PostSecret book gets personal on paper

by Beacon Staff • November 7, 2007

So says Frank Warren, and like the secrets he collects, he'd probably rather remain anonymous. Warren, the creator of the weekly PostSecret blog is a humble man. He is quick to say that the success of PostSecret belongs to the people courageous enough to send in their secrets, not to the man who compiles them.,"My name is Frank, and I collect secrets."

So says Frank Warren, and like the secrets he collects, he'd probably rather remain anonymous. Warren, the creator of the weekly PostSecret blog is a humble man. He is quick to say that the success of PostSecret belongs to the people courageous enough to send in their secrets, not to the man who compiles them. In a reading at the Brattle Theatre on Oct. 30, he spoke about his simple online venture that became an an international phenomenon.

The beginning was uncomplicated enough. In November 2004, Warren passed out 3,000 blank postcards to people in Washington, D.C. One side was blank and the other side bore the written instructions, "You are invited to anonymously contribute a secret to a group art project. Your secret can be a regret, fear, betrayal, desire, confession or childhood humiliation. Reveal anything-as long as it is true and you have never shared it with anyone before."

Slowly but surely, Warren began receiving postcards. On them, he found a mixture of emotions that ran the gamut of human experience. The cards held a variety of covert phrases from childhood deeds ("When I was little I used to pull bugs apart to see their wiggly insides. I am so ashamed") to accounts of parental torment ("If daddy knew I liked men he wouldn't tell people I was his son").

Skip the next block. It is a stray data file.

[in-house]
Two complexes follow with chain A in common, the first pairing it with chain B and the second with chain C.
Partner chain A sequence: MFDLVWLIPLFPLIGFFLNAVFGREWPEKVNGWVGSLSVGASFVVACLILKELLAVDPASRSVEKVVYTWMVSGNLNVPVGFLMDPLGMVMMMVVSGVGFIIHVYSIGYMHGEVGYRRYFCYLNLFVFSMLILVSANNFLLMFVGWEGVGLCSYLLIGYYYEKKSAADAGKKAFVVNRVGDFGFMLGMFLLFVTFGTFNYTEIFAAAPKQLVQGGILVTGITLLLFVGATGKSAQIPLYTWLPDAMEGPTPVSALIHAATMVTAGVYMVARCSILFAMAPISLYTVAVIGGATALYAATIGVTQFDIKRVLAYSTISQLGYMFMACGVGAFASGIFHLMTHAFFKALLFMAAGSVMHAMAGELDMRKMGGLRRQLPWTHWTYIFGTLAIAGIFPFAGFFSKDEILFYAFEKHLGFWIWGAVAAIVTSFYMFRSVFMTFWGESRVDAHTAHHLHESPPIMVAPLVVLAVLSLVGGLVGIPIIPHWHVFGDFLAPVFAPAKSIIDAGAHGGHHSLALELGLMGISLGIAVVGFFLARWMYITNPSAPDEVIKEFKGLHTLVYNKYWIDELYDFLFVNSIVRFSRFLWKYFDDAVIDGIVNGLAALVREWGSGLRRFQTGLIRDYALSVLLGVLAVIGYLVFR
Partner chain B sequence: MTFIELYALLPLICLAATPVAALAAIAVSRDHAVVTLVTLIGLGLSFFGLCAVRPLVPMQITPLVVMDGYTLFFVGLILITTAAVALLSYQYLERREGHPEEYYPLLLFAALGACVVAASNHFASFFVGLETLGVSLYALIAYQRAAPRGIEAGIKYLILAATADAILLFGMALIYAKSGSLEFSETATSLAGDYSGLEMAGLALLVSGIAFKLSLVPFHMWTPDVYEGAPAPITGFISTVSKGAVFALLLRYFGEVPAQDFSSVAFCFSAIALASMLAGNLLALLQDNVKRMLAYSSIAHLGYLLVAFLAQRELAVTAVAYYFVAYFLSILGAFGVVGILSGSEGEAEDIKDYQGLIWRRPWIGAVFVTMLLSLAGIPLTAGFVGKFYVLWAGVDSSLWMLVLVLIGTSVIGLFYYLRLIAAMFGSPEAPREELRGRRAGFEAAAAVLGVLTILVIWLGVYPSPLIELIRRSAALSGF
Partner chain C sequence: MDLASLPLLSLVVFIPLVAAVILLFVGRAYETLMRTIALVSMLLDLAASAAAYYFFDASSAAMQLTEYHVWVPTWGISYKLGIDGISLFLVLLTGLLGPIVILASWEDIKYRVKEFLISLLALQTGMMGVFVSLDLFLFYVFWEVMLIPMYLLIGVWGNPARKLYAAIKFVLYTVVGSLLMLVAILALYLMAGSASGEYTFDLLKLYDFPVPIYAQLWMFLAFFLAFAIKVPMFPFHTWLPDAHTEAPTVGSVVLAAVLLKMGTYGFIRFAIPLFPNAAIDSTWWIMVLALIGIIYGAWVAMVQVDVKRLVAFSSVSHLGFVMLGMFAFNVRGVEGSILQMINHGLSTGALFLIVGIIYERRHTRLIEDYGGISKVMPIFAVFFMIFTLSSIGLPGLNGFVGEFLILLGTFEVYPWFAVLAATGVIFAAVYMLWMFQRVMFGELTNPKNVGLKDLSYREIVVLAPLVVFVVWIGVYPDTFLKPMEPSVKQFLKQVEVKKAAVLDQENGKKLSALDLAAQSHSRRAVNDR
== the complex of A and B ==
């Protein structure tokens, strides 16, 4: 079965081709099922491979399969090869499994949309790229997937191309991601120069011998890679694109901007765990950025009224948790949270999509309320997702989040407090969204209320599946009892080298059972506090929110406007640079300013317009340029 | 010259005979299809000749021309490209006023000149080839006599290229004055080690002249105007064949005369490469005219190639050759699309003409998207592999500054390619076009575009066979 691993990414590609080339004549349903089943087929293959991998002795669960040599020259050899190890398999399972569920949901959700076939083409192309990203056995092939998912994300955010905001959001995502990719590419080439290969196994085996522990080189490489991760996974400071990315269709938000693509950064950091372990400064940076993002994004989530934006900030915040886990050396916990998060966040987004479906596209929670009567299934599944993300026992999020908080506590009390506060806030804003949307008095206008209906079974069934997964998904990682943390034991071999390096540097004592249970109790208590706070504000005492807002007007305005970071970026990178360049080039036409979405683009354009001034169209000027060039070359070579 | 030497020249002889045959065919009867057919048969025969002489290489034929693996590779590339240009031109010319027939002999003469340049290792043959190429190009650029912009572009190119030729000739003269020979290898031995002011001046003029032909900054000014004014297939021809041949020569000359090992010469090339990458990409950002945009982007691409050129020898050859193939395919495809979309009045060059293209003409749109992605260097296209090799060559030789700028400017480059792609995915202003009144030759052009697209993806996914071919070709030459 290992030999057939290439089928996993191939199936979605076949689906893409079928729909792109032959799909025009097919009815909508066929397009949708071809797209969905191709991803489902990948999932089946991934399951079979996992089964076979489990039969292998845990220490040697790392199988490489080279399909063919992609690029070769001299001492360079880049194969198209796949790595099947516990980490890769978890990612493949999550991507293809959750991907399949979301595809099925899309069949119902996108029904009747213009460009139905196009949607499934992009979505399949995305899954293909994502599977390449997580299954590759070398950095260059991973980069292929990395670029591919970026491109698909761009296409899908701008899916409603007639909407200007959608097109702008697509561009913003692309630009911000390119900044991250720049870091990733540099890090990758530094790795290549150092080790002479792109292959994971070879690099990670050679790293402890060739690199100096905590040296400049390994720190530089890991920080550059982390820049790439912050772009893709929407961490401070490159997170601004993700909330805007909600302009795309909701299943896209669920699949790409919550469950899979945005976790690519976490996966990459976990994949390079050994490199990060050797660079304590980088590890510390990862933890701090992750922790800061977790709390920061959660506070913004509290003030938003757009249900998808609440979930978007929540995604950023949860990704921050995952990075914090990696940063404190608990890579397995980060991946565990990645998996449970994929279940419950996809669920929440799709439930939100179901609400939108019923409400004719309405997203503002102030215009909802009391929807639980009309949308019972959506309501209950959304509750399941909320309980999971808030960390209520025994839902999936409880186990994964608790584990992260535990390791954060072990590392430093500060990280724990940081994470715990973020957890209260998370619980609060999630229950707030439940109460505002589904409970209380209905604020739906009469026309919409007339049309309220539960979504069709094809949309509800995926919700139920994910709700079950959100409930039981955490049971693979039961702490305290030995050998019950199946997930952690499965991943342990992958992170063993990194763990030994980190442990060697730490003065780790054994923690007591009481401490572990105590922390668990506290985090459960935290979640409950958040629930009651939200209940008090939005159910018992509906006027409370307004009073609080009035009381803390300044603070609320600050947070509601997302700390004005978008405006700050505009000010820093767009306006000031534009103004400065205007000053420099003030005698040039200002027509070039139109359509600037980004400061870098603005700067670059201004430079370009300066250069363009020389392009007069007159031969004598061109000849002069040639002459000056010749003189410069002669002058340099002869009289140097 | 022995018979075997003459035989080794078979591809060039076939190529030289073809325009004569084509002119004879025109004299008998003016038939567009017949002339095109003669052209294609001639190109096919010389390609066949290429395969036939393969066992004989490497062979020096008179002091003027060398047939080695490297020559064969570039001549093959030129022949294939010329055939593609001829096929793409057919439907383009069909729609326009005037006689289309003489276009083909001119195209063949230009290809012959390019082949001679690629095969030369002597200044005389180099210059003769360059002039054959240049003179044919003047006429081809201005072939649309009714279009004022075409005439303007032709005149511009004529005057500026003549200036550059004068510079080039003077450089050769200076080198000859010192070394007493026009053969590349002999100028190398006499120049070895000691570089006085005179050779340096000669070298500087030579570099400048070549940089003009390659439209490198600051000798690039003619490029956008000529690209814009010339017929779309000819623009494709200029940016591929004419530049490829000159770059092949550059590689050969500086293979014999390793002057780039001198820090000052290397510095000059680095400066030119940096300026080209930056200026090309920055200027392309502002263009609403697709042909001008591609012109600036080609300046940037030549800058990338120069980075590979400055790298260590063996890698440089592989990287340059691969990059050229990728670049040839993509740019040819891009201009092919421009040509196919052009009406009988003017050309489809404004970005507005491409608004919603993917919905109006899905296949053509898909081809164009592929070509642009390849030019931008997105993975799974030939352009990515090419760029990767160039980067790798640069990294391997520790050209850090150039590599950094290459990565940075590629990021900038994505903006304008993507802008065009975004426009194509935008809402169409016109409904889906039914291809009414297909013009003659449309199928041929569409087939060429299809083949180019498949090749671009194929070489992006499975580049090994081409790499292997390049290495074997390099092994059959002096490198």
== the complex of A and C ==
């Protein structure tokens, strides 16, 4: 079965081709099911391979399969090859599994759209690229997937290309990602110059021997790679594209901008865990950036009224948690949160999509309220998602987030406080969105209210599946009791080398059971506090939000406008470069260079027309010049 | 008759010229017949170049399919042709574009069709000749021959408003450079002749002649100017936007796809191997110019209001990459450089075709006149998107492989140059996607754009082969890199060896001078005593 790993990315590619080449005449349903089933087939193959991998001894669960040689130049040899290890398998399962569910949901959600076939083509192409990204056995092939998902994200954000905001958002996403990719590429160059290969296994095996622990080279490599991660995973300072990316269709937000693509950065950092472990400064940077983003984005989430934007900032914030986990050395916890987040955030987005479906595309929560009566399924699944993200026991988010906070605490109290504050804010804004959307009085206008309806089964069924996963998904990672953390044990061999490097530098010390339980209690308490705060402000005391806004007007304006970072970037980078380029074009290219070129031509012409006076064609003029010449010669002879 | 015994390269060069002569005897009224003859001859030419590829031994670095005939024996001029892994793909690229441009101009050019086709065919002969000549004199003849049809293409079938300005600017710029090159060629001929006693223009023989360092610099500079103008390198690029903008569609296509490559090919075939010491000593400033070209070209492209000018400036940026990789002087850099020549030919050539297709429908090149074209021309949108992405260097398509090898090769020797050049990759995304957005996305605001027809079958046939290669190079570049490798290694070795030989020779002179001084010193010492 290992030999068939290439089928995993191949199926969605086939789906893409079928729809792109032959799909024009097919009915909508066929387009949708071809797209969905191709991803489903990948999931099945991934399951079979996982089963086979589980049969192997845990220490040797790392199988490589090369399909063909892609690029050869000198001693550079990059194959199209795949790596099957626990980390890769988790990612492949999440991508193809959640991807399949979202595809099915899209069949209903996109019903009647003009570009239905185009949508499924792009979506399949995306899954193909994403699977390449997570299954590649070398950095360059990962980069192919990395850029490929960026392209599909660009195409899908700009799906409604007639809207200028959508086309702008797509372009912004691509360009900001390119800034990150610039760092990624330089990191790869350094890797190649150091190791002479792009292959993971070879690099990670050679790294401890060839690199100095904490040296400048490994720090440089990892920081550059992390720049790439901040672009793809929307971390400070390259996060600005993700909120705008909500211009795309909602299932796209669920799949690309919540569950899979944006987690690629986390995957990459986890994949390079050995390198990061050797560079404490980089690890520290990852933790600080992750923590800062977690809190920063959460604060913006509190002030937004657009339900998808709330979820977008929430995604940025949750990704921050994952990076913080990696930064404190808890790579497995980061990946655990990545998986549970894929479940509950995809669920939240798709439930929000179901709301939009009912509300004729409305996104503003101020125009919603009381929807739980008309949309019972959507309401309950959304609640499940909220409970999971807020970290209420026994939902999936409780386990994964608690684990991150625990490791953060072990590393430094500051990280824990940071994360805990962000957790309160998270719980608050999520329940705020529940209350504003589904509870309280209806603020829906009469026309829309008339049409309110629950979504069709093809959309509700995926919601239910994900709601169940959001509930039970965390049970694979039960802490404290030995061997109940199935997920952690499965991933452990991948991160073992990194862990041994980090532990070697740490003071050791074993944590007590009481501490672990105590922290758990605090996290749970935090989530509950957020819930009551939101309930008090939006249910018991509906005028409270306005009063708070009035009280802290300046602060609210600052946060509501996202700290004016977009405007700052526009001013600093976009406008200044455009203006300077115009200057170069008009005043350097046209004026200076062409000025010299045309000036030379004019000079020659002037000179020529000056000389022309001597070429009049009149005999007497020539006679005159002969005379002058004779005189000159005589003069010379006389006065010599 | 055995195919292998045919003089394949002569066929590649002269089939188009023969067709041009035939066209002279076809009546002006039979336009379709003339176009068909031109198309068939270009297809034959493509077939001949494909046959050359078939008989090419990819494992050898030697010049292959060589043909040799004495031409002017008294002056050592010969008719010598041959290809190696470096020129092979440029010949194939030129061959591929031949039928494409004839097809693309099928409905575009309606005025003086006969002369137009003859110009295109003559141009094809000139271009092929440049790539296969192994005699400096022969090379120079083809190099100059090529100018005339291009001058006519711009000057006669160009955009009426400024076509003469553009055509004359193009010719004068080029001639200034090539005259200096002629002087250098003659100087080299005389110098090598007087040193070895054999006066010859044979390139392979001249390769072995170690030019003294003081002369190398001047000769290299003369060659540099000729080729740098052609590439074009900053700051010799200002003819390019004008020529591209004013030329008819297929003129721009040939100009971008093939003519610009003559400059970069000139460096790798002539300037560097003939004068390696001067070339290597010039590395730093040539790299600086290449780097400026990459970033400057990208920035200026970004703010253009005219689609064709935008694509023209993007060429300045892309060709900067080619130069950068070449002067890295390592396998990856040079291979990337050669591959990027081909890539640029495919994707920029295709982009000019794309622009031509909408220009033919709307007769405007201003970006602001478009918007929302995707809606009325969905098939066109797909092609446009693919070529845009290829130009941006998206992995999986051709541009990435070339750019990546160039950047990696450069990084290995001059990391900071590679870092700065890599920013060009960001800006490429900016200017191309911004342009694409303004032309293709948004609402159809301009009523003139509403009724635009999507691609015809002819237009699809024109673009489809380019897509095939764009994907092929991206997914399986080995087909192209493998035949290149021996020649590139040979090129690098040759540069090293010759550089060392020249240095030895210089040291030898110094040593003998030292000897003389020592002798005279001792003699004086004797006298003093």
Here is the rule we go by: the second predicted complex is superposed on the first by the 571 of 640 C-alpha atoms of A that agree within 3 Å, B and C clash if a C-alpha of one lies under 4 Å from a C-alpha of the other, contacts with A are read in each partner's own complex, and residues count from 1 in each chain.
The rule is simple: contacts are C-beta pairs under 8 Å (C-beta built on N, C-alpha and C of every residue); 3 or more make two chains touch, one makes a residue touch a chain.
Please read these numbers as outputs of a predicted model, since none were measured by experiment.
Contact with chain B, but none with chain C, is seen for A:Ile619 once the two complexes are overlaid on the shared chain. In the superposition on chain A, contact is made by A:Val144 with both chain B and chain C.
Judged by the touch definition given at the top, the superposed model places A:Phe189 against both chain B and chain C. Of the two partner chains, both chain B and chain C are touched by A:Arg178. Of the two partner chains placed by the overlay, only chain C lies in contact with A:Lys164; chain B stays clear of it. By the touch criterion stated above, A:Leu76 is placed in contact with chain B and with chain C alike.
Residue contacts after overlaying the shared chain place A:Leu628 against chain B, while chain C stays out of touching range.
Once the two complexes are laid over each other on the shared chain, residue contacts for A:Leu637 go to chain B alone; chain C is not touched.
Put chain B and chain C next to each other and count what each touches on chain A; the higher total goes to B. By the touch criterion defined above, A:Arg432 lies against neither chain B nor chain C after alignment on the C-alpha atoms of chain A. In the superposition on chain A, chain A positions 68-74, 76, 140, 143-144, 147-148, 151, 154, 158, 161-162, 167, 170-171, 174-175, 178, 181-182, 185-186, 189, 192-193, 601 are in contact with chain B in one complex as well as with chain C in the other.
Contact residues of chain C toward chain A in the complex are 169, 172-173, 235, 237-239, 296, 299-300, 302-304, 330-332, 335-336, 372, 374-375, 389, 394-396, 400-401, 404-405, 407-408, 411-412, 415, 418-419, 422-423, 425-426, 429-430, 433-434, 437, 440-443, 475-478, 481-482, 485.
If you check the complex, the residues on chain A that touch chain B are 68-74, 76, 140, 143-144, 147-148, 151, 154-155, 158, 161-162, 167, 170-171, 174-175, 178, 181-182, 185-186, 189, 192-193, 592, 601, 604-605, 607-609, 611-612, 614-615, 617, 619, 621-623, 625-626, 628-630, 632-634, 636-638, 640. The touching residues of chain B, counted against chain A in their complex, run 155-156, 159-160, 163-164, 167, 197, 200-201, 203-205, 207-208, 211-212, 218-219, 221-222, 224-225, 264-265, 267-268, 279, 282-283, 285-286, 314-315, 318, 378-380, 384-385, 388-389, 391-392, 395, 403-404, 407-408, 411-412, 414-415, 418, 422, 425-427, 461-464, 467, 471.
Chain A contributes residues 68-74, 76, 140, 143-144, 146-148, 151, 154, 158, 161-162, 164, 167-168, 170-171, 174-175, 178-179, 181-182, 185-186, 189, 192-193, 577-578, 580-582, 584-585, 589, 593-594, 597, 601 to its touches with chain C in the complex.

Three years later, Warren receives about 1,000 postcards per week and the project is still going strong, through four PostSecret books and Warren's blog, where secrets are posted each week.

The weekly update on other people's dirty laundry, "Sunday Secrets," on the PostSecret blog is not simply words and images lost in the vast expanse of the Internet.

"I look for secrets with a sense of immediacy," said Warren of the Sunday Secrets. "I like to display surprising secrets, and I like to include a large variety of emotions."

The secrets are the previously private thoughts of people finally able to share their undercover information, albeit anonymously, with others worldwide.

"It's a platform for discussion," said Alina Shevlak, a sophomore Chinese and art history double major from Tufts University. "It's moving, and the themes are universal. It's nice to connect and empathize."

By using PostSecret as a starting point for conversations, Shevlak and others around the world are accomplishing the goals that Warren set out to achieve.

"I think that through these, we are able to find common humanity," Warren said. "We all have a secret that would break your heart if you just knew it. And maybe if we remembered that we would be more compassionate."

Insight and understanding are just two of the positive effects that PostSecret has had on thousands of people and for Warren himself.

"Through the courage of strangers, I have found courage in my own life," he said.

Warren encourages people to share any secret they have, whether it is seemingly insignificant or completely life-changing. Warren said the most common secret is "I pee in the shower," and many stories deal with body image. Depression and suicide are recurrent themes. Some admissions are not so much secrets, as they are catalysts for change, not only in the sender's life, but for others reading the hidden proclamation as well.

"PostSecret is raw," Warren said. "When people mail in their secrets, I reflect them right back."

According to Warren, PostSecret will continue successfully as long as people continue to send in their secrets.

"I don't think the story is finished yet," he said.

Warren closed his talk with another reminder of the hope and healing that can occur when a secret is released. His advice?

"Free your secrets and become who you are."